Skip to main content Accessibility help
×
Home
Hostname: page-component-55b6f6c457-ln9sz Total loading time: 0.173 Render date: 2021-09-23T17:47:52.739Z Has data issue: true Feature Flags: { "shouldUseShareProductTool": true, "shouldUseHypothesis": true, "isUnsiloEnabled": true, "metricsAbstractViews": false, "figures": true, "newCiteModal": false, "newCitedByModal": true, "newEcommerce": true, "newUsageEvents": true }

A Factor-Analytic Study Exploring the Factors of Co-Worker Cohesion

Published online by Cambridge University Press:  23 February 2012

Kathryn von Treuer*
Affiliation:
Deakin University, Australia. kathryn.vontreuer@deakin.edu.au
Matthew Fuller-Tyszkiewicz
Affiliation:
Deakin University, Australia.
Barbara Atkinson
Affiliation:
Deakin University, Australia.
*
*Address for correspondence: Kathryn von Treuer, School of Psychology, Deakin University, Level 3, 27 Brougham Street, Geelong, Victoria 3217 Australia.
Get access

Abstract

Despite the applied importance of cohesion within organisational settings, researchers have yet to reach consensus about the dimensionality of group cohesion, and therefore appropriate tools for its measurement. The way that cohesion has generally been conceptualised has changed over time, but the measures appear not to reflect the underlying theory. This deficiency has impeded attempts to explore the relationship between co-worker cohesion and group performance (Beal et al., 2003; Mullen & Copper, 1994). Given inconsistent findings from previous factor analyses of cohesion, the present study employed exploratory means to help clarify the factor structure of cohesion within the workplace. Potential participants were recruited via the researchers' social networks. This snowballing technique led to 236 participants completing the online questionnaire. Exploratory factor analysis revealed four first-order factors of team commitment, friendliness, interpersonal conflict and communication that collectively accounted for 55.17% of the variance shared among the 75 cohesion items. Subsequently, a single higher-order factor was extracted which accounted for over half of the co-variation among the first order factors. This higher-order factor seems to reflect a general cohesion factor, as it was loaded by a diffuse collection of items, including those from the four lower-order factors as well as items that failed to load onto these lower-order factors. While there were similarities between these results and those of previous studies, the present factor structure did not map perfectly onto any of the existing conceptual models of cohesion. This finding highlights the need to incorporate some alternate factors that have previously been given little consideration.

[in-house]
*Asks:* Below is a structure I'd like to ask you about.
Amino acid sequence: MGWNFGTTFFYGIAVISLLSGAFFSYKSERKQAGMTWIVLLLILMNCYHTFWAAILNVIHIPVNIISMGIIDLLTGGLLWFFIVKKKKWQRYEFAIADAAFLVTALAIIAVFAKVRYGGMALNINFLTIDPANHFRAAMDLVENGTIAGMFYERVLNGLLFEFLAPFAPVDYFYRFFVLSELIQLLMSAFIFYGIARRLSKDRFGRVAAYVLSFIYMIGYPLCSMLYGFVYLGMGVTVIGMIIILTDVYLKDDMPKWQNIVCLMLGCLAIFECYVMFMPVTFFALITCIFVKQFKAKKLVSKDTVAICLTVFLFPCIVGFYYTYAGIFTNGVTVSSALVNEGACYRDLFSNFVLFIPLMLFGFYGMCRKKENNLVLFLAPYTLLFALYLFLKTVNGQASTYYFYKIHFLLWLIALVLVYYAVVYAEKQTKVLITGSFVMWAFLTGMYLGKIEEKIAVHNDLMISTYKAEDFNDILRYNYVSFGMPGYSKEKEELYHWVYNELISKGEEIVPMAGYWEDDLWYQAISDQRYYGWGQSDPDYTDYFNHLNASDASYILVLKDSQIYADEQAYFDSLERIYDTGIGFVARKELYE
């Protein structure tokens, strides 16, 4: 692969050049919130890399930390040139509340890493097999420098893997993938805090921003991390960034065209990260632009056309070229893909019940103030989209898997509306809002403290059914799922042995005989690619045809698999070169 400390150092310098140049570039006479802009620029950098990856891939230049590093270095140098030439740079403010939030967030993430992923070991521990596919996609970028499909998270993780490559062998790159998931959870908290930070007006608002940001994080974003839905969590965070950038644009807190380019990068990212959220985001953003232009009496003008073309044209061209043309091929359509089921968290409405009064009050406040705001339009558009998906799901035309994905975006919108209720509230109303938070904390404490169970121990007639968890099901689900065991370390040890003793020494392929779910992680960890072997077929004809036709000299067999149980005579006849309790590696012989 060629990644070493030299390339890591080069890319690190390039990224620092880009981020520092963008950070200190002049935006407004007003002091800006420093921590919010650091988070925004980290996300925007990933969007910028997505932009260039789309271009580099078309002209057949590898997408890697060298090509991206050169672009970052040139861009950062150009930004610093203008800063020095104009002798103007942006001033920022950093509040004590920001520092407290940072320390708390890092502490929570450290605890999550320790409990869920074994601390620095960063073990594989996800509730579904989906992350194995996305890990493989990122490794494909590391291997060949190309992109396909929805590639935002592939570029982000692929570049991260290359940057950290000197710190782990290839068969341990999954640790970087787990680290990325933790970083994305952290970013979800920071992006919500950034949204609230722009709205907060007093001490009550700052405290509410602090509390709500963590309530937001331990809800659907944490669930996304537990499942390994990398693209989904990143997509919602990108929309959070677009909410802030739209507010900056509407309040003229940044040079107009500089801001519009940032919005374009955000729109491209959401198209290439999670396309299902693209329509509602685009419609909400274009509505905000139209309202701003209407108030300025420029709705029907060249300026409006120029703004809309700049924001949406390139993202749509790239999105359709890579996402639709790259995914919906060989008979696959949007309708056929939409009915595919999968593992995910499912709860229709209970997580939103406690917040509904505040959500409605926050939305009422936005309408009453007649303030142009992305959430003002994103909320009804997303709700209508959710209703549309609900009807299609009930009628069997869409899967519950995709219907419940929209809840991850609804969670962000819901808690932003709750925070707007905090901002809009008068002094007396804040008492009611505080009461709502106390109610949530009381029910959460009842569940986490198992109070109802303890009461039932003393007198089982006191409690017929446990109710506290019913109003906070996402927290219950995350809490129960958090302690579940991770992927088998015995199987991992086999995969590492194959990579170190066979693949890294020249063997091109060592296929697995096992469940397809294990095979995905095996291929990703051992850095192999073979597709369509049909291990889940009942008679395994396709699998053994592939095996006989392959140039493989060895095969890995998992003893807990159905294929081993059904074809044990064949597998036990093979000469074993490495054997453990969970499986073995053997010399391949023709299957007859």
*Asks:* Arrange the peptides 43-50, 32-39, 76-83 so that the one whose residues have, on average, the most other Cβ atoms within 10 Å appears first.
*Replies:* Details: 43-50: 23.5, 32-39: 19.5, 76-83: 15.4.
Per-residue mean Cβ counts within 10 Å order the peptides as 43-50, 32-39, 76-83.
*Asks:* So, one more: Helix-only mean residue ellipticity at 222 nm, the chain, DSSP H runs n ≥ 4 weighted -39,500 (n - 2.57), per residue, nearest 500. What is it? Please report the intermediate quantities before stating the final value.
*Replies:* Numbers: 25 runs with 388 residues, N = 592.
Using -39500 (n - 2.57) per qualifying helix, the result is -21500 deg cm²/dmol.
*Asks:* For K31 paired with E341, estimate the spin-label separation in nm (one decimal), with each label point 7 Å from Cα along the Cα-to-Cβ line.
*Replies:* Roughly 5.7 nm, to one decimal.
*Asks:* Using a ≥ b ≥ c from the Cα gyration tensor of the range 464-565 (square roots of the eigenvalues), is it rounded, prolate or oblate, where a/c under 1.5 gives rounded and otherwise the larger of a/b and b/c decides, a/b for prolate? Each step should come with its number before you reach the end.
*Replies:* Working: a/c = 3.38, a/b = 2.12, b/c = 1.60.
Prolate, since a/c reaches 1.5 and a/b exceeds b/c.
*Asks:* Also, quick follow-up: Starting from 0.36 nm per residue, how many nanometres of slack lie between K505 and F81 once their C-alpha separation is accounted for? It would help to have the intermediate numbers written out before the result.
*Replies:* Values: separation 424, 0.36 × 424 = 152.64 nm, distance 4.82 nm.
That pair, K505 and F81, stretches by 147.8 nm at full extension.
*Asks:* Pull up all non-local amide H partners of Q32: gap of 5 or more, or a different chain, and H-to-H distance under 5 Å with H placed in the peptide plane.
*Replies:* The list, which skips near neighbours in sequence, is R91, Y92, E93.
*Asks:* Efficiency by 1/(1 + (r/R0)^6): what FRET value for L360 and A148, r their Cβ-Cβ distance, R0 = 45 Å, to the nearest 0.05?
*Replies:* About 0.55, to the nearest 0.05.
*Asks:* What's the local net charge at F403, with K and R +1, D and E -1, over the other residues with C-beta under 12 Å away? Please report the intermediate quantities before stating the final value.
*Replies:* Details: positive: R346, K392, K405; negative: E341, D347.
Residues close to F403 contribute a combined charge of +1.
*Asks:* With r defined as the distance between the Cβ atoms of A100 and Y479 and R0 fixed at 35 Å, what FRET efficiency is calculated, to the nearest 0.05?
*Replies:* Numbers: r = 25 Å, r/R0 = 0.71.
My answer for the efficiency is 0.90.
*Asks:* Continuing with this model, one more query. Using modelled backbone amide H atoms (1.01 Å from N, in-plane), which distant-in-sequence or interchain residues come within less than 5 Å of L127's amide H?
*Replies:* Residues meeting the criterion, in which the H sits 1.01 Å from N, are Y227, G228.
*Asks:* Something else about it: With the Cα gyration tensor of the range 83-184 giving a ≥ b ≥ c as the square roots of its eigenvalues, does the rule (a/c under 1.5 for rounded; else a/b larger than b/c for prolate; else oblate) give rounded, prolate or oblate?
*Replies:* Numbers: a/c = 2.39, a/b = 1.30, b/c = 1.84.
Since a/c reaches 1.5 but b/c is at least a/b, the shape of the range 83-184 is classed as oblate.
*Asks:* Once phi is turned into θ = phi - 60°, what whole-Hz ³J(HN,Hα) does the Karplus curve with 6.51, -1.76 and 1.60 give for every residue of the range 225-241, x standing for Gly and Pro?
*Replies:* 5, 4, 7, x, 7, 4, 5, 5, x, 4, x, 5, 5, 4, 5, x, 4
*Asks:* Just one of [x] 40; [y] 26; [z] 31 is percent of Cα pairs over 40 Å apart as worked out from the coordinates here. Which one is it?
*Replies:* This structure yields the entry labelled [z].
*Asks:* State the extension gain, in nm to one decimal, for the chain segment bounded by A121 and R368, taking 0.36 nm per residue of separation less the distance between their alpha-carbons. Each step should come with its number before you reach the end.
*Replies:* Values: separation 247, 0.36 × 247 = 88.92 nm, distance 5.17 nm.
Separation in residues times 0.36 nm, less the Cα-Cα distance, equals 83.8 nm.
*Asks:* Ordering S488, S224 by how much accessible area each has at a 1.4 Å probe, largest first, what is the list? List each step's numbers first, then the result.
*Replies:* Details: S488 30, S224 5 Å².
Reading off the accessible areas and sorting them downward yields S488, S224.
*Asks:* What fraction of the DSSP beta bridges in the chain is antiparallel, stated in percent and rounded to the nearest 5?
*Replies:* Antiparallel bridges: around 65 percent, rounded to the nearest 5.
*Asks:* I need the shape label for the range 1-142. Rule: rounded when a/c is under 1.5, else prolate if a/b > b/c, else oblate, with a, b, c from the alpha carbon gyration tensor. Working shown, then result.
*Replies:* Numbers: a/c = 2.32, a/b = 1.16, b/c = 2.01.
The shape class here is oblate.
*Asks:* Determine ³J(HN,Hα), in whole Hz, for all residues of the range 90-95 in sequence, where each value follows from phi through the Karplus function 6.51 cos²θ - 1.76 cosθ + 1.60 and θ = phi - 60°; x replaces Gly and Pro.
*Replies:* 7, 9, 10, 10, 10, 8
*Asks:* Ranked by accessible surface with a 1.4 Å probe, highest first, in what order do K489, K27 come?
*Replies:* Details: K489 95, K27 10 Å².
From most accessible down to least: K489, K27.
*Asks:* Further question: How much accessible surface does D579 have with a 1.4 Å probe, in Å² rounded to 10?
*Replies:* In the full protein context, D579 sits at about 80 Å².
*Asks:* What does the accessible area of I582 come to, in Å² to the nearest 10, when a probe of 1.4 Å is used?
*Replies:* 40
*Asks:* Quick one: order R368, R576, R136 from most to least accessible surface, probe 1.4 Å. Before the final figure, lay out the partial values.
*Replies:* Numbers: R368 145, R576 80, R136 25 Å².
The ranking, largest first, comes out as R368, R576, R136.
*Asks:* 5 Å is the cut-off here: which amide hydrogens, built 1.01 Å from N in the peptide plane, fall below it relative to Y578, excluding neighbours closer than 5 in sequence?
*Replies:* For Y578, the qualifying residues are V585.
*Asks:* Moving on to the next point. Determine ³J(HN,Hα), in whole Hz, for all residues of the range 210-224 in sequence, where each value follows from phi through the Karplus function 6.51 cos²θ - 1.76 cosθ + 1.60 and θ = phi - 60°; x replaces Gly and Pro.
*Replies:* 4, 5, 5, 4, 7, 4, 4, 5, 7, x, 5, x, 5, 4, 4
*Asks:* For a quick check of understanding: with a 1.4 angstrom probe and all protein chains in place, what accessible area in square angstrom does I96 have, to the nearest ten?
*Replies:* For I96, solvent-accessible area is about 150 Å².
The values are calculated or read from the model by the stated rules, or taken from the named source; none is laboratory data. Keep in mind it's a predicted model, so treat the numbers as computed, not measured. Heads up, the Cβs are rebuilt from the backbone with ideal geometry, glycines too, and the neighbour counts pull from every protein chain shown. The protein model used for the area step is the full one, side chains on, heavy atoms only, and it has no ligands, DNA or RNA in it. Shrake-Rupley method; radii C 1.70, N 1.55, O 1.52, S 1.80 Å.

Type
Articles
Copyright
Copyright © Cambridge University Press 2010

Access options

Get access to the full version of this content by using one of the access options below. (Log in options will check for institutional or personal access. Content may require purchase if you do not have access.)
1
Cited by

Send article to Kindle

To send this article to your Kindle, first ensure no-reply@cambridge.org is added to your Approved Personal Document E-mail List under your Personal Document Settings on the Manage Your Content and Devices page of your Amazon account. Then enter the ‘name’ part of your Kindle email address below. Find out more about sending to your Kindle. Find out more about sending to your Kindle.

Note you can select to send to either the @free.kindle.com or @kindle.com variations. ‘@free.kindle.com’ emails are free but can only be sent to your device when it is connected to wi-fi. ‘@kindle.com’ emails can be delivered even when you are not connected to wi-fi, but note that service fees apply.

Find out more about the Kindle Personal Document Service.

A Factor-Analytic Study Exploring the Factors of Co-Worker Cohesion
Available formats
×

Send article to Dropbox

To send this article to your Dropbox account, please select one or more formats and confirm that you agree to abide by our usage policies. If this is the first time you use this feature, you will be asked to authorise Cambridge Core to connect with your <service> account. Find out more about sending content to Dropbox.

A Factor-Analytic Study Exploring the Factors of Co-Worker Cohesion
Available formats
×

Send article to Google Drive

To send this article to your Google Drive account, please select one or more formats and confirm that you agree to abide by our usage policies. If this is the first time you use this feature, you will be asked to authorise Cambridge Core to connect with your <service> account. Find out more about sending content to Google Drive.

A Factor-Analytic Study Exploring the Factors of Co-Worker Cohesion
Available formats
×
×

Reply to: Submit a response

Please enter your response.

Your details

Please enter a valid email address.

Conflicting interests

Do you have any conflicting interests? *